It was a friendship that began with an invitation. President Gerald Ford was invited to visit Notre Dame in 1975 by University President Father Theodore Hesburgh. He was asked to do something no Commander in Chief had done in 10 years, visit the campus of an American university despite the social unrest of the Vietnam War.
“I said to the audience, ‘I’d like to introduce the President of the United States’. He asked me if he'd be welcome here and I said he would be welcome as the flowers in May,” recalls Father Hesburgh. “I said ‘Mr. President’ and he stood up and the crowd got on their feet and they cheered for 15 minutes. He turned to me and said ‘I haven't had a welcome like that in a long time’.”
The University of Notre Dame awarded Ford an honorary law degree. The President shook so many hands that day that his cuff links kept coming undone. “I said, ‘Mr. President all day long you've been losing your cuff links,’” Hesburgh remembers. “They were beautiful embossed White House Presidential cuff links and I said, ‘I got you a pair of Notre Dame cuff links. They really work.' He said, 'put them on me’. He looked at me and said ‘that's a great change...you can keep mine,’ and to this day I have the Presidential cuff links as a remembrance of his visit here.”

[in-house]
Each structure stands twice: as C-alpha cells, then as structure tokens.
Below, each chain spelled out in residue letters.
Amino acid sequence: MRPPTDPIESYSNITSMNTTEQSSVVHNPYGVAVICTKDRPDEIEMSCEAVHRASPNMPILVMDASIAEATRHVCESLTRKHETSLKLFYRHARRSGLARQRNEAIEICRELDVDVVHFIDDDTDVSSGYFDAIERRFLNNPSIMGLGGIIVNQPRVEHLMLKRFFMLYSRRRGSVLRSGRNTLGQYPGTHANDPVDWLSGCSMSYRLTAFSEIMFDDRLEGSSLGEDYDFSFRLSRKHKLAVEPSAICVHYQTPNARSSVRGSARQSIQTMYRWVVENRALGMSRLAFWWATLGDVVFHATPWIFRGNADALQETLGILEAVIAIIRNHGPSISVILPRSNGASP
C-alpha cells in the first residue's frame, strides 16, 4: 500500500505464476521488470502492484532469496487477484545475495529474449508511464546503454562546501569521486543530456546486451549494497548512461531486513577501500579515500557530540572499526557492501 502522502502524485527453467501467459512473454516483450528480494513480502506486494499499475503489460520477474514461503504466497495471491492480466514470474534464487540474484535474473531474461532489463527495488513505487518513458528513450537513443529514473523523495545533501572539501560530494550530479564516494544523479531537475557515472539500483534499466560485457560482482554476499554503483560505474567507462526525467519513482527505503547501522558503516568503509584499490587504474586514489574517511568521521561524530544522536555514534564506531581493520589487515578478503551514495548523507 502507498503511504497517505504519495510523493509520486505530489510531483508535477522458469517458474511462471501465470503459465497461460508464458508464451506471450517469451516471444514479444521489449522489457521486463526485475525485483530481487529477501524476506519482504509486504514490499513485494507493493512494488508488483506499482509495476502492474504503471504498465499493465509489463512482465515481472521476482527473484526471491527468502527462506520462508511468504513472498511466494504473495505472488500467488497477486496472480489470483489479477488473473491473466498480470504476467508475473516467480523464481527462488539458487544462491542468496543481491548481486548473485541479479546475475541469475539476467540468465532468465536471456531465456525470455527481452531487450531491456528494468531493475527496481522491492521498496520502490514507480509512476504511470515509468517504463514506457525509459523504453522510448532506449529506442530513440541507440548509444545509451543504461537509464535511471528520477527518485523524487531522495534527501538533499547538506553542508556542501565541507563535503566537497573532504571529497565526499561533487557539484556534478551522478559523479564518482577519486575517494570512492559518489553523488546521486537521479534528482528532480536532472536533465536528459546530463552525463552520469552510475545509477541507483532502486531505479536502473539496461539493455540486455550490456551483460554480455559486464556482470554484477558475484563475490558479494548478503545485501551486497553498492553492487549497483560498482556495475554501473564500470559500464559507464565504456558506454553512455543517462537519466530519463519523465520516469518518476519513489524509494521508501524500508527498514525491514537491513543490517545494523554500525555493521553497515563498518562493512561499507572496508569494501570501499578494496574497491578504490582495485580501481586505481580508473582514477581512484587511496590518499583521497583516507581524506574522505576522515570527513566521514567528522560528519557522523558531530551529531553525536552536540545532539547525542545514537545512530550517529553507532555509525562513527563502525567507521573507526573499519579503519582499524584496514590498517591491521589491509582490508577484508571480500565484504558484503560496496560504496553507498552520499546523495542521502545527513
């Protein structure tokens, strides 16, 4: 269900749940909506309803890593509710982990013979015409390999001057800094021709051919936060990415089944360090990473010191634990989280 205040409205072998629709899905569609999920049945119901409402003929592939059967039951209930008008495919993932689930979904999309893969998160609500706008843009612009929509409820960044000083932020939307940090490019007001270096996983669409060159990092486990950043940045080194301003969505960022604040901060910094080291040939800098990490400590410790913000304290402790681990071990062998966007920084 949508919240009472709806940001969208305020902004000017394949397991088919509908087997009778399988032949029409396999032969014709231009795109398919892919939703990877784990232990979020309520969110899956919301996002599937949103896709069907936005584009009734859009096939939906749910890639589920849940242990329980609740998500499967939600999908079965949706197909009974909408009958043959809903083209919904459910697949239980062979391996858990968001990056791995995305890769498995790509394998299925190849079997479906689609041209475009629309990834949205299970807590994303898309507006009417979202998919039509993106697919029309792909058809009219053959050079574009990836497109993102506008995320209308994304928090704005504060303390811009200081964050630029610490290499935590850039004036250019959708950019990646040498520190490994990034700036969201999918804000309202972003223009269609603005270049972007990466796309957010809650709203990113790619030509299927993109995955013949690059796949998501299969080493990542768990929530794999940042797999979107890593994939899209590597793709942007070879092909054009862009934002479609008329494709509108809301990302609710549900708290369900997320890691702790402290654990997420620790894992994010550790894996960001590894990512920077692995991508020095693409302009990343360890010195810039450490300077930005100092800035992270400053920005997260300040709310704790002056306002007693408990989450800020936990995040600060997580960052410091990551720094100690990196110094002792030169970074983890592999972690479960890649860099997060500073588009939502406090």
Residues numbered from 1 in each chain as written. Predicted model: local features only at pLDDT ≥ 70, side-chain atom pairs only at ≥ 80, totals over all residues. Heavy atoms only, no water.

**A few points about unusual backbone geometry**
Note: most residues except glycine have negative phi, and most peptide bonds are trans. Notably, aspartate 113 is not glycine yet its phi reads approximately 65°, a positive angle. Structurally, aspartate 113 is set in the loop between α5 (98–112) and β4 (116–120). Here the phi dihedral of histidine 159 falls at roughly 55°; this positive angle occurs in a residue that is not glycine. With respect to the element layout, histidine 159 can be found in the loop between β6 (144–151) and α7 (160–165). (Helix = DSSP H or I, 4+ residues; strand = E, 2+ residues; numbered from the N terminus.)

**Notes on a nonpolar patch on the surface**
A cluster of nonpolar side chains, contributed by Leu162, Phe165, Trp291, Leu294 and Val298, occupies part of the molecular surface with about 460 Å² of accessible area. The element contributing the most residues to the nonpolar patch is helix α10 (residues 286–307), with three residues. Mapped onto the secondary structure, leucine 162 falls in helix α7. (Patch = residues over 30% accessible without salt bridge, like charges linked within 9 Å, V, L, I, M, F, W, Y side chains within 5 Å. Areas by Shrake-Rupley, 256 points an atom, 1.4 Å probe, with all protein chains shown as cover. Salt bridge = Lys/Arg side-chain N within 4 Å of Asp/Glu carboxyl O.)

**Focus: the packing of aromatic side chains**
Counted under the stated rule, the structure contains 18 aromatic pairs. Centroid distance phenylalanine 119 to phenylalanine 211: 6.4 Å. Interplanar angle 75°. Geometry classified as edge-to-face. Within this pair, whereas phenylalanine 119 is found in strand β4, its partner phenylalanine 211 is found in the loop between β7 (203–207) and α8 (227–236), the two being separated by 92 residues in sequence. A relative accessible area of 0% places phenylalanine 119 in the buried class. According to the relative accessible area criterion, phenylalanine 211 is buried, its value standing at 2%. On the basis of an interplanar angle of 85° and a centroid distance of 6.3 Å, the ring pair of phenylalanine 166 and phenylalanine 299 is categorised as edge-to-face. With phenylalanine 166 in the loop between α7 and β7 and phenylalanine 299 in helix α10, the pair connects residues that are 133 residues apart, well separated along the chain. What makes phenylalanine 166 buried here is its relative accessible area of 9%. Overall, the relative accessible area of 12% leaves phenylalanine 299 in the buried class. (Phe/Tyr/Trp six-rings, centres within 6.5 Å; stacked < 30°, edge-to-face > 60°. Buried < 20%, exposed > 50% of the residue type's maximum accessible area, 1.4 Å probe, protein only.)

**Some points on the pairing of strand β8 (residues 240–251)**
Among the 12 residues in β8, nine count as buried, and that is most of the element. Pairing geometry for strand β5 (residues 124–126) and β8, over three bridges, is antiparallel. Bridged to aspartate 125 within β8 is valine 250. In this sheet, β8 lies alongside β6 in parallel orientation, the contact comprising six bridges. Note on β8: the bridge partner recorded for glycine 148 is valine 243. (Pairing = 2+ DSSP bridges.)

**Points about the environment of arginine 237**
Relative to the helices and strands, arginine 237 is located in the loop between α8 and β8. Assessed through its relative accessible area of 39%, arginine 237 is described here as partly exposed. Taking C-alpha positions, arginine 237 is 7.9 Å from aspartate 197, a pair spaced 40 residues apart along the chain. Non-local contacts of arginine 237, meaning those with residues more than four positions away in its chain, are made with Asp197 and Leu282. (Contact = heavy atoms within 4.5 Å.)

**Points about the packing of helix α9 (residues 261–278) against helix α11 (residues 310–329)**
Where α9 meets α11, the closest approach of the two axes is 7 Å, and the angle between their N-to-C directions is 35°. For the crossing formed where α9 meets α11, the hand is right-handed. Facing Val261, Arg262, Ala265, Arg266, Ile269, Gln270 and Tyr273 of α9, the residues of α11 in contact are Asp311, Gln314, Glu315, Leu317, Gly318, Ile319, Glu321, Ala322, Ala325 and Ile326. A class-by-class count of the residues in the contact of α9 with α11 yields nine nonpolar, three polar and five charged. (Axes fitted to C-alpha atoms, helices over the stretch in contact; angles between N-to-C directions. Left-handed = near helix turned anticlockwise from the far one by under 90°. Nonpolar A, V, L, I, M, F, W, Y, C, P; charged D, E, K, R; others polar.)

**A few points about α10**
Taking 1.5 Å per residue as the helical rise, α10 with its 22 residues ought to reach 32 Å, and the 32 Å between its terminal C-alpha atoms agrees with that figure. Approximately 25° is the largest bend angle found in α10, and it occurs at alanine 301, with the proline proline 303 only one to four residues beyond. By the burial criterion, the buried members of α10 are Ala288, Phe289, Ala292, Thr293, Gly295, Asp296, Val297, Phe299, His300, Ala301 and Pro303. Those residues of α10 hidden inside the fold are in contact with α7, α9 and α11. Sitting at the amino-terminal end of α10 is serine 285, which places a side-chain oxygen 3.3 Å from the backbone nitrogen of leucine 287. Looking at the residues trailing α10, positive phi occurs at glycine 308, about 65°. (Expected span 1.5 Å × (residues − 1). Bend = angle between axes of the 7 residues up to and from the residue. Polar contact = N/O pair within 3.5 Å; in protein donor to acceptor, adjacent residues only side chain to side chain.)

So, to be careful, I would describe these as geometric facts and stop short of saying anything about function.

Father Hesburgh worked with President Ford to restore citizenship to thousands of young Americans who had fled the country during Vietnam or were dishonorably discharged from the military during that controversial war. Hesburgh also joined Ford in a "think tank" that brought aid to the starving nation of Pakistan.
"Gerry", as Father Hesburgh called Ford, was a gracious man with an equally gracious wife. “When she (Betty) had a drinking problem and she quit like that Gerry said, "if she's going to do it, I'm going to do it with her,” says Hesburgh. “He quit at the same time. That's the kind of husbandly dedication that you don't see all that often.”
“I'm sure the good Lord will be good to him in eternity for the wonderful, beautiful things he did on Earth. He reunited a nation that was badly divided when he became President.” Father Hesburgh is confident he'll see his friend, Gerry, again someday. He hopes it will be in heaven.